What makes studies of this type so important is that the participants provide information prospectively. That means we look at the people going forward, not retrospectively where we take a look backwards to figure out what the facts may be.
There is a lot less bias and much better recall of information in prospective data gathering, and the results have enabled my colleagues to report many breakthrough studies on various cancer causes and relationships which have been considered critically important in our understanding about the causes of cancer.
For example, a study they reported a couple of years ago established the link between the role of being overweight and obese with the significantly increased risk of developing a number of cancers in both men and women. This breakthrough study allowed us to understand that obesity affects cancer risk just as it increases the risk of diabetes and heart disease, among other illnesses.
In the current lung cancer study, they examined the records from CPS I and II to find out how often lung cancer affects non-smoking men and women of both races.
Of the 2.2 million people who participated in the two prevention studies, 940,000 were non-smokers. The overwhelming majority of the participants were white.
The researchers found that in both studies the risk of dying from lung cancer was greater for non-smoking men than non-smoking women, although the differences were less more recently.
Although death rates from lung cancer for both sexes were higher in African Americans than whites, the only difference that appeared significant after making statistical adjustments was for increased rates of death in non-smoking African American women compared to white women.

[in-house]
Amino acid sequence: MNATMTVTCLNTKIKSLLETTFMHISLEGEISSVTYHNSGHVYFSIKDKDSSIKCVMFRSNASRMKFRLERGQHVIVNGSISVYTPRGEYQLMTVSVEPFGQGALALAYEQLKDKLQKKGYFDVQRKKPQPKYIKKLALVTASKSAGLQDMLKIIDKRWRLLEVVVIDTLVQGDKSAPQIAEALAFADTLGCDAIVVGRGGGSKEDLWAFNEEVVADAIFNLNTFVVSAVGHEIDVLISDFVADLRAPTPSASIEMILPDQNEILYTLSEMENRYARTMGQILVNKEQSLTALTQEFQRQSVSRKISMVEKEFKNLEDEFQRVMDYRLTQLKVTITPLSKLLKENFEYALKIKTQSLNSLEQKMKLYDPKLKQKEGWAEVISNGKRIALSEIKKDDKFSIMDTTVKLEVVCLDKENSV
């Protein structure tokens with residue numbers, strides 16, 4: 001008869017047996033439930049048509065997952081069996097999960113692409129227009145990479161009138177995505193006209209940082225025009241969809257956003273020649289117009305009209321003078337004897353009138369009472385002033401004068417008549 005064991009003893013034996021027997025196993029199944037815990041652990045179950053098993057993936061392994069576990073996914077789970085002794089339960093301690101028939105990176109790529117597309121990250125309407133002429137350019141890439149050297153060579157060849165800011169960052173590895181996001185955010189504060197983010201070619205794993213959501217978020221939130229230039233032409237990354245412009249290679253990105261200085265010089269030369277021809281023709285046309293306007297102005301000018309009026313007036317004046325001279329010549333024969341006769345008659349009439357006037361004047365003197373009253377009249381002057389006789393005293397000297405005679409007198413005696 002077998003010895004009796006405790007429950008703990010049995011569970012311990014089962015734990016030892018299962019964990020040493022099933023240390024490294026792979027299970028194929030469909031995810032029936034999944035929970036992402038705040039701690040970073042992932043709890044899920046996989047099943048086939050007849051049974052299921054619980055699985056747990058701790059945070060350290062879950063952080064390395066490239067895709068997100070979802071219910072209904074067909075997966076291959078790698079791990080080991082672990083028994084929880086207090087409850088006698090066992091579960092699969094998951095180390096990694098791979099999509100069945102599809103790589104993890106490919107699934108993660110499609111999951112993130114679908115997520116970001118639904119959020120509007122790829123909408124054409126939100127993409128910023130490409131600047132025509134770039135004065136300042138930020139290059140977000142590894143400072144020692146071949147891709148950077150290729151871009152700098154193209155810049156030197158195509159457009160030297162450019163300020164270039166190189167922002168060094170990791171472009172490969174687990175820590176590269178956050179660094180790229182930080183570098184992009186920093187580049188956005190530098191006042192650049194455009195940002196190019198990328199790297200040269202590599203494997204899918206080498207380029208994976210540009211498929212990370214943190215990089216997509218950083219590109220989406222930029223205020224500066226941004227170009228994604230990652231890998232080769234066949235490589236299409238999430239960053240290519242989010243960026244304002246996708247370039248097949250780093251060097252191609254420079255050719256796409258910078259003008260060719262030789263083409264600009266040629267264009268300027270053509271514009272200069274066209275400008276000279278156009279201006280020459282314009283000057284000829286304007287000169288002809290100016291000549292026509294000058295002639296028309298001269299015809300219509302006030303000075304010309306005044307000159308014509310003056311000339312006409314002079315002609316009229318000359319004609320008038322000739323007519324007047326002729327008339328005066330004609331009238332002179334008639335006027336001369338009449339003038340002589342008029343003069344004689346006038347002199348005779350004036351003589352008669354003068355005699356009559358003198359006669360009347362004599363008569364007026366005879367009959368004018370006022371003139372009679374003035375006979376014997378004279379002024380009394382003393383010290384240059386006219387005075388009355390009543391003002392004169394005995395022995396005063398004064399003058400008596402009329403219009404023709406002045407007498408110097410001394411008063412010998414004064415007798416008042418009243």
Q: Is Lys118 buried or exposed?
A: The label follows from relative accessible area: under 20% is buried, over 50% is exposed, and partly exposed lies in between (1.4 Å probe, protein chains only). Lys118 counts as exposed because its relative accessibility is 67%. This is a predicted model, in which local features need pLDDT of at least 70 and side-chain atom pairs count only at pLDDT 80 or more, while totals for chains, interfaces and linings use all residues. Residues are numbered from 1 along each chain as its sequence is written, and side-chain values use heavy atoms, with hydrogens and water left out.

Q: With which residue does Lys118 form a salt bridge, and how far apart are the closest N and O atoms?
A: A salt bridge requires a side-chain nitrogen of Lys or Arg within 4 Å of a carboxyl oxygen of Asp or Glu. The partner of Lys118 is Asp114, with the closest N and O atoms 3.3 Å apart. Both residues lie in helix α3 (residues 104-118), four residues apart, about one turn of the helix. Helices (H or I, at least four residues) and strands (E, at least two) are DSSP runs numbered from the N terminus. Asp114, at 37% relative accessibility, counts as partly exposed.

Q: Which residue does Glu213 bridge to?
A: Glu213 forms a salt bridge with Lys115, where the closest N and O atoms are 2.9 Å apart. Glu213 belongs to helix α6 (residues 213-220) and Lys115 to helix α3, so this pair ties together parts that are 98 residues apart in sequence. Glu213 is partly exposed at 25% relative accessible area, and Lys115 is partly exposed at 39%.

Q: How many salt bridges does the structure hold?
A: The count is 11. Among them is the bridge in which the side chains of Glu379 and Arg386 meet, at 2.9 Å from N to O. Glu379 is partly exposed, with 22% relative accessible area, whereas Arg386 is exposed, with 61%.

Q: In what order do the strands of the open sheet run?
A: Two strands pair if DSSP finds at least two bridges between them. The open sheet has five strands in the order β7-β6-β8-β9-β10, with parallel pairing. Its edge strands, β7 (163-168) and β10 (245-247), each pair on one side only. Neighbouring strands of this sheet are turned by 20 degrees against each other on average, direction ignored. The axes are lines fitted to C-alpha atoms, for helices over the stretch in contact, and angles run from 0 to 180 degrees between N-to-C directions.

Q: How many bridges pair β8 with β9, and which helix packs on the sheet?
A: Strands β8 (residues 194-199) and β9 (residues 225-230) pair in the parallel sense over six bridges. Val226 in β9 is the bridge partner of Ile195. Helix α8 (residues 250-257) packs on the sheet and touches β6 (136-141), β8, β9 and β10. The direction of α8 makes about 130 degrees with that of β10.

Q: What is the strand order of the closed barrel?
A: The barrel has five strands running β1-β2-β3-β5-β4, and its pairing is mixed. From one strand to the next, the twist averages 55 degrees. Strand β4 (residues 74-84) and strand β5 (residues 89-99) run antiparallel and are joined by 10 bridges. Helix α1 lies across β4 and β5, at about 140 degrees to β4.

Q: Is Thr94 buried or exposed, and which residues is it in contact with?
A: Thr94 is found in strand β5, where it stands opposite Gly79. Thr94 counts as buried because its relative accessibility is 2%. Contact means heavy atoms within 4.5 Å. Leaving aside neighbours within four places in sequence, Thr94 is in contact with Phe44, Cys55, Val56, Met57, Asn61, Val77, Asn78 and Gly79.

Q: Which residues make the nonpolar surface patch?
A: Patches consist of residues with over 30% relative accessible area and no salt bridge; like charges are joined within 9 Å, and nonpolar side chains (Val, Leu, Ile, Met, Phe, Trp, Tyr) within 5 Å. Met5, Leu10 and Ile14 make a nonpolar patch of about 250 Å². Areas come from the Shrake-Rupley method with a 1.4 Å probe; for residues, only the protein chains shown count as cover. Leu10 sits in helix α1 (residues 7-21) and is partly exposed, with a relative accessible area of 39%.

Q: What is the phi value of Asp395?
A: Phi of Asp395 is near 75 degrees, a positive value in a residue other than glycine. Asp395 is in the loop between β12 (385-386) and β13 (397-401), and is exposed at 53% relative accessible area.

Finally, there was no evidence that the rate of death from lung cancer in non-smokers has increased over time.
What does all of this mean?
Contrary to public perception and expert misinformation, there has been no increase in deaths from lung cancer in people who are non-smokers, and male non-smokers die more often from lung cancer than women.
This does not diminish the importance or the impact of lung cancers in non-smokers. Lung cancer is a serious disease, and if lung cancer in non-smokers was ranked as a cause of cancer deaths, my colleagues say that it would be the sixth to eighth most common cause of deaths from cancer.
Why would people, including the experts, think that lung cancer was a more important issue for non-smoking women than men?
There may be many reasons, but the reality is that there simply were not studies available that had the strength of numbers and duration of follow-up that the CPS studies provided. The researchers indicate in the article that it is difficult to obtain this information on as broad a basis as needed to ensure accuracy.